A further potential problem with screening tests is that the results usually require confirmation by a more definitive test. For example, women who have a mammogram with abnormal results often need to have a breast biopsy. Such definitive tests are often invasive, uncomfortable, and sometimes a bit dangerous. For example, a lung biopsy can cause a collapsed lung. Because results of screening tests are sometimes abnormal in people without disease (which is common because no test is 100% accurate), some people undergo an unnecessary test that might harm them.

Therefore, doctors recommend screening tests only for those diseases for which doing screening tests has been proven to improve outcomes.

Clinical trials are necessary to tell which screening tests are effective and which people should undergo them. Despite these concerns, it is clear that for some diseases, such as high blood pressure and cervical cancer, screening saves lives. To be useful, tests used for screening must

  • Be accurate

  • Be relatively inexpensive

  • Pose little risk

  • Cause little or no discomfort

  • Improve outcomes

Did You Know...

  • A screening test may not be appropriate if early treatment does not make a difference in the outcome of the disease being screened for or if the disease is very rare.

Classification and monitoring tests

Some tests are used to classify and measure the severity of a disease that has already been diagnosed. Results may lead to more specific and effective choices for treatment. For example, after a diagnosis of breast cancer is confirmed, additional tests are done to determine the type of breast cancer and if and where the cancer has spread.

Tests are also used to monitor the course of a disease over time, often to determine the response to treatment. For example, blood tests are done periodically in people who take thyroid hormone to treat hypothyroidism to determine whether the hormone dose best meets their needs. A decision about how often such testing is needed is made based on the person’s situation.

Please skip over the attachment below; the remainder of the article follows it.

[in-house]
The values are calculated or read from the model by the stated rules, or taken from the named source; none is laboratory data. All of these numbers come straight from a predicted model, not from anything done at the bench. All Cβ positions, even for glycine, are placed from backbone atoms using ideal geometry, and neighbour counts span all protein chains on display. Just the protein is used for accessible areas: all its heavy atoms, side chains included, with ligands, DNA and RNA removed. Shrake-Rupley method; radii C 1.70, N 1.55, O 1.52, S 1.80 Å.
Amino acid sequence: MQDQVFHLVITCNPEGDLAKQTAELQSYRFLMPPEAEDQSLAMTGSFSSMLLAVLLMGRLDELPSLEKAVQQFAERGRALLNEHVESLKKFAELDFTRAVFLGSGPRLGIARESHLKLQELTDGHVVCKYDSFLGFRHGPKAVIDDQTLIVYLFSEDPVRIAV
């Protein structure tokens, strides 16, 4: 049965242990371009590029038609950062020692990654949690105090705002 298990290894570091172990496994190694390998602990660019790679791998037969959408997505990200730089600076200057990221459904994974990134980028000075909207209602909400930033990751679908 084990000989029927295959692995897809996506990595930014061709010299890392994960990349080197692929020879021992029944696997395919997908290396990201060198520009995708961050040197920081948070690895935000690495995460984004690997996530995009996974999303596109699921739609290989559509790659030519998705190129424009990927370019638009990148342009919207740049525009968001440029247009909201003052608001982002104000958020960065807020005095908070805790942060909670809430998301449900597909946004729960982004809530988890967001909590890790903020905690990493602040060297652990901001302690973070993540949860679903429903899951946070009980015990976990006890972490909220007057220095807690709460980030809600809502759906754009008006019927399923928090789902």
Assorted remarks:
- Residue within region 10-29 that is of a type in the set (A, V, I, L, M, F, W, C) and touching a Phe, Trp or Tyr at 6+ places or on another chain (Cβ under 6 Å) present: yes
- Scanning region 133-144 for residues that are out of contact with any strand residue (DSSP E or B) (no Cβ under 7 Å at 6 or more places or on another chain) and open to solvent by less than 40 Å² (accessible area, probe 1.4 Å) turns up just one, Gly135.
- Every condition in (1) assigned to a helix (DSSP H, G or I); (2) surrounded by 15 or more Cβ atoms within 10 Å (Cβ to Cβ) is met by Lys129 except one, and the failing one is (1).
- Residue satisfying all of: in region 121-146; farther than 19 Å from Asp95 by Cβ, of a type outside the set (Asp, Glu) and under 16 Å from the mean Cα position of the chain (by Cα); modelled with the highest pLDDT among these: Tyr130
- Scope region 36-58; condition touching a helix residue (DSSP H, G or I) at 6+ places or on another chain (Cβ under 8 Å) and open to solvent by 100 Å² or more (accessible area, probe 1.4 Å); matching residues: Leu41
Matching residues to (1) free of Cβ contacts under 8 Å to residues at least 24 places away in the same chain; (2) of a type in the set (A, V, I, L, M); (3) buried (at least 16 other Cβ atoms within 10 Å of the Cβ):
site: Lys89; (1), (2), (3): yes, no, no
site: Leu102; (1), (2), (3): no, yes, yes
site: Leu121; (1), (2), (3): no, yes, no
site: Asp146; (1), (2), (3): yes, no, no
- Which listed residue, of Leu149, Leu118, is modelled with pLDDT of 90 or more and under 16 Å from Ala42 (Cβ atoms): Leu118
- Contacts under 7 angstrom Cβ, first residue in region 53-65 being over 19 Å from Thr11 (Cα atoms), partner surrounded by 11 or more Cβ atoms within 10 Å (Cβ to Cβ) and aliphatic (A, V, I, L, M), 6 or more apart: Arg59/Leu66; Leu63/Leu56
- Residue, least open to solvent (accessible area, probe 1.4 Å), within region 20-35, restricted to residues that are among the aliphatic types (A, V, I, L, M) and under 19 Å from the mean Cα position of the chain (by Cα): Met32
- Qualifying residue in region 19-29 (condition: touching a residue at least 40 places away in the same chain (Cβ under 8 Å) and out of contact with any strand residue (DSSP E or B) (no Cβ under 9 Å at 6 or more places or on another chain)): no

Interpreting Medical Test Results

Tests are not perfect (see Does Everyone Need a Test?). Results are sometimes normal in people who have the disease being tested for. That is, tests can have false-negative results. Results are sometimes abnormal in people who do not have the disease being tested for. That is, tests can have false-positive results.

Two very important characteristics of a diagnostic test are its sensitivity and its specificity:

  • Sensitivity: The likelihood that results will be abnormal in people with the disease being tested for

  • Specificity: The likelihood that results will be normal in people without the disease

Both of these important characteristics can be determined only in well-designed studies.

Therefore, doctors must rely on what is known about the test's accuracy, their knowledge of medicine, and a person's circumstances when interpreting the meaning of a positive or negative test result. When doctors strongly suspect that a certain disease is present—even when an initial test result is negative—they may order additional tests to detect that disease.

NOTE: This is the Consumer Version. DOCTORS: Click here for the Professional Version
Click here for the Professional Version